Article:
Earlier this month, I wrote and published a piece on BET’s first-ever chances at Emmy nominations this year with 2 scripted series in “Being Mary Jane” and “The Book of Negroes.”
The jury is still out on the former, but, based on reviews I’ve read thus far about the latter, Emmy recognition might be within grasp. Even if not a win, at least a nomination, whether for the miniseries as a whole, or for its star, Aunjanue Ellis, who is receiving much praise for her performance, essentially carrying the show.
It’s finally here, almost 2 years after the project’s initial announcement – BET launches its first-ever event miniseries “The Book of Negroes,” a six-part historical drama in the tradition of “Roots,” based on Lawrence Hill’s award-winning, Oprah Winfrey-listed novel (known in the United States as “Someone Knows My Name”). The highly anticipated television event will run over the course of three consecutive nights in two-hour installments, starting tonight, Monday, February 16, 2015 at 8 PM ET/PT.
Director Clement Virgo’s adaptation stars Aunjanue Ellis as Aminata Diallo, abducted as an 11-year-old child from her village in Sierra Leone (West Africa), is sent to live as a slave in South Carolina, and years later, forges her way to freedom, serving the British in the Revolutionary War and registering her name in the historic “Book of Negroes” – an actual document that provides a short but immensely revealing record of freed Loyalist slaves who requested permission to leave the US for resettlement in Nova Scotia, only to find that the haven they sought was steeped in an oppression all of its own.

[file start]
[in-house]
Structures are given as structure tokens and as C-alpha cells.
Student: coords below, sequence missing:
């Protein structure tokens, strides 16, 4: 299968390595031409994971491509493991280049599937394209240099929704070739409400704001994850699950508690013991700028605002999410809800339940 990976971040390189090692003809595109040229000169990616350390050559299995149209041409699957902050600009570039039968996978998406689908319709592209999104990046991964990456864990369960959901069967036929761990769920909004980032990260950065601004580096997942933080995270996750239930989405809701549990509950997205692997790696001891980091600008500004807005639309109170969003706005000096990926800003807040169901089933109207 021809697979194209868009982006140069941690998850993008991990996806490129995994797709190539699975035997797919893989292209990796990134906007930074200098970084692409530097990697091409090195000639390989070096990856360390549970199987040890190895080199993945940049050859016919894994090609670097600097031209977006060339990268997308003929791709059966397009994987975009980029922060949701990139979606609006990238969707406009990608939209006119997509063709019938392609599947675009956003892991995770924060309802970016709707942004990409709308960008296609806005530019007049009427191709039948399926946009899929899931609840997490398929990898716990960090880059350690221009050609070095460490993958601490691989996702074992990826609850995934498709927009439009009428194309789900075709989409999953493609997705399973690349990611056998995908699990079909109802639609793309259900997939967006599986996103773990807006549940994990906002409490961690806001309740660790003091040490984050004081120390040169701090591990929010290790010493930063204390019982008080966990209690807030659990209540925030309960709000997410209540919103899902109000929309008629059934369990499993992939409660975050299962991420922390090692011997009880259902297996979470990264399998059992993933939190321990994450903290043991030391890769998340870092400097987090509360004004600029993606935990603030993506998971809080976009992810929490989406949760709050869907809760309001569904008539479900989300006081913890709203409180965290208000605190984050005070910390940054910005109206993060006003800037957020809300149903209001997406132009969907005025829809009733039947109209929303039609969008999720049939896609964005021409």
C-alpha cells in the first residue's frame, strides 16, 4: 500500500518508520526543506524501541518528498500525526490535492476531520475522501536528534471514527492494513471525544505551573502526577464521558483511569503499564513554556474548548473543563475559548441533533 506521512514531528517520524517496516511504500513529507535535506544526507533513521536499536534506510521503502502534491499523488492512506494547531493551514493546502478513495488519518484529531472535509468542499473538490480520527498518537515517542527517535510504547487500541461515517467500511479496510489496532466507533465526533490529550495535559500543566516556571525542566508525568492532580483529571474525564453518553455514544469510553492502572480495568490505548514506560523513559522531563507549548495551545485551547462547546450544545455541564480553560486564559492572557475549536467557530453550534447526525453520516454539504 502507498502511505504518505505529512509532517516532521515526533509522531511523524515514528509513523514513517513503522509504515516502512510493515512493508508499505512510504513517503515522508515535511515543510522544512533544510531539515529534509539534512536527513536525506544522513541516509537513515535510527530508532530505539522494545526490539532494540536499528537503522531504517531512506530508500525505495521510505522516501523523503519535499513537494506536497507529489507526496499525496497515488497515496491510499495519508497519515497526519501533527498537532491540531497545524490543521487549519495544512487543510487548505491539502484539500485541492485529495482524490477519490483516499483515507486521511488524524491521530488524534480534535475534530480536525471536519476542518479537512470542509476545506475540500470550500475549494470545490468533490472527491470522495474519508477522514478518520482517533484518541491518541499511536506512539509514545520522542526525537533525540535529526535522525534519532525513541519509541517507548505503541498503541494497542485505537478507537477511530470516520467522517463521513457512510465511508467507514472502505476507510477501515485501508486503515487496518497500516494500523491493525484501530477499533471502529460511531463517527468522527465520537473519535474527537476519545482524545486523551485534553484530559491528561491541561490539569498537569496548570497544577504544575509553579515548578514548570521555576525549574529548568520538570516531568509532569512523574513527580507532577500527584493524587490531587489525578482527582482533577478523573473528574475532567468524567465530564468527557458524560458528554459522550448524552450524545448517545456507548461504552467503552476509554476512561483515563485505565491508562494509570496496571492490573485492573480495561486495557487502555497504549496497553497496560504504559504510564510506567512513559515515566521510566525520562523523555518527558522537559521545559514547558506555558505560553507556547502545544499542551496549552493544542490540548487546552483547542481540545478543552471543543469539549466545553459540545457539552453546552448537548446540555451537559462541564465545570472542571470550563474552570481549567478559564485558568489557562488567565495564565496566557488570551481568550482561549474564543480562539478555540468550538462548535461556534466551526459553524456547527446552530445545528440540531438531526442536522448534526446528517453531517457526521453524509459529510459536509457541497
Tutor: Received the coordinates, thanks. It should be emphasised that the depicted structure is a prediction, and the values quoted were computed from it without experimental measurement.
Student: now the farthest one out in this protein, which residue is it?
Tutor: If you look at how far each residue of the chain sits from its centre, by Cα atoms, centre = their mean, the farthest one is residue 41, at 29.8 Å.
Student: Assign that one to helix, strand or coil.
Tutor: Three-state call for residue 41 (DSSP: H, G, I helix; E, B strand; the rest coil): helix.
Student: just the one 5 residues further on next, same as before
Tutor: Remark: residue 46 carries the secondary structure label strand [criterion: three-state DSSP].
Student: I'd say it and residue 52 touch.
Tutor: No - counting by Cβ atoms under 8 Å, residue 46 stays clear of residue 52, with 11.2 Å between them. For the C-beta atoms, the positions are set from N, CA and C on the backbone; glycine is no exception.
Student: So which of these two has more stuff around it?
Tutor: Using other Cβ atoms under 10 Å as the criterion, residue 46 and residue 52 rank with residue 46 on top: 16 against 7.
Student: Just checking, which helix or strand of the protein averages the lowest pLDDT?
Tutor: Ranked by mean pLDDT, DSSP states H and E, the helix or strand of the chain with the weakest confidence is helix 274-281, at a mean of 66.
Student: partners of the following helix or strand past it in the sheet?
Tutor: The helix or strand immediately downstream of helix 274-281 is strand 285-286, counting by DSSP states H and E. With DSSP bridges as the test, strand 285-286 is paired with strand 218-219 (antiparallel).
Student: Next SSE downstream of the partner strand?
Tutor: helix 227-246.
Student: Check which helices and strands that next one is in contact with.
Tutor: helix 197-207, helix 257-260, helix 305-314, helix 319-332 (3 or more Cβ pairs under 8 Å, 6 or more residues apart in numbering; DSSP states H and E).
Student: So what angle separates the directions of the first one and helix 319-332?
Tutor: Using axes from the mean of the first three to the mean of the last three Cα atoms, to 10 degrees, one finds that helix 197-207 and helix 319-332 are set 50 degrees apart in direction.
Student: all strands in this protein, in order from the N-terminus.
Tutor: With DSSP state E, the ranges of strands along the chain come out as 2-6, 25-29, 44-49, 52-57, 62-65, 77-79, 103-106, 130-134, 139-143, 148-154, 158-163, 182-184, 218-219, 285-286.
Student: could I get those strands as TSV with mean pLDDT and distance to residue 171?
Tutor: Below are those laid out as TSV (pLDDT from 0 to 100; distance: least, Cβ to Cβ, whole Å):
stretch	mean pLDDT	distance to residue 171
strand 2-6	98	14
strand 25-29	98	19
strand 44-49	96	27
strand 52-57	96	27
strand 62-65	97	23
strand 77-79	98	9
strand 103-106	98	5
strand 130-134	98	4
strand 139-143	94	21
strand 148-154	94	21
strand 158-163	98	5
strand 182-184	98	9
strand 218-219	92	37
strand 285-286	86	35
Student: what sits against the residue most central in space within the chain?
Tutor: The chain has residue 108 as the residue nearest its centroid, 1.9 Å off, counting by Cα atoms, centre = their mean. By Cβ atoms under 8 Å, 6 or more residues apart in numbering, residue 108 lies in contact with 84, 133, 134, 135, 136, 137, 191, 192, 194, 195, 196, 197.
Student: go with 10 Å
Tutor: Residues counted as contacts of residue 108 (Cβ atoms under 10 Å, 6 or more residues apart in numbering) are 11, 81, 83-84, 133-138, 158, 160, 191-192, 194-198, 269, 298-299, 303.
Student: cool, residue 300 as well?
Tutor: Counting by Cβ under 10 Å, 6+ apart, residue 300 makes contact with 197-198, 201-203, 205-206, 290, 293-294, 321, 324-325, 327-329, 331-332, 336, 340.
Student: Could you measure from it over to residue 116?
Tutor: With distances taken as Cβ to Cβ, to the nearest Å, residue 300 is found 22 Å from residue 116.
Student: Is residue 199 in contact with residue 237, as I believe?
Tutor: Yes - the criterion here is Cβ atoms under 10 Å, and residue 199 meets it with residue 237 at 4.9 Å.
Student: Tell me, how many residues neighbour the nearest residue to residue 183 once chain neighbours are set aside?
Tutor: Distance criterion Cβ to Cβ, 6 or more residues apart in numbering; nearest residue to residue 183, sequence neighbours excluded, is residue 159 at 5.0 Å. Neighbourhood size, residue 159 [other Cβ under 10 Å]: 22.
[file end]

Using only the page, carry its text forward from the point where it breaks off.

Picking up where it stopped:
That this is a story told solely from the perspective of a woman, separates it from most slave narratives.
“It’s a universal story of a legendary woman. There’s loss, a long journey and triumph,” said Debra L. Lee, CEO of BET Networks. “It’s very exciting for us for ‘Book of Negroes’ to be our first miniseries… My vision for BET is to be a well-rounded network. There are so many stories in our culture to tell, and I’m so proud of this. I’m hoping that it’s ‘Roots’ for a younger generation.”
Will it? Time will tell that tale. But, at least, expectations from within are high. In 1977. “Roots” received 37 Emmy Award nominations and won 9. It also won a Golden Globe and a Peabody Award. It received history-making ratings for the finale, which still holds a record as the third highest rated episode for any television series, and the second most watched overall series finale in USA television history.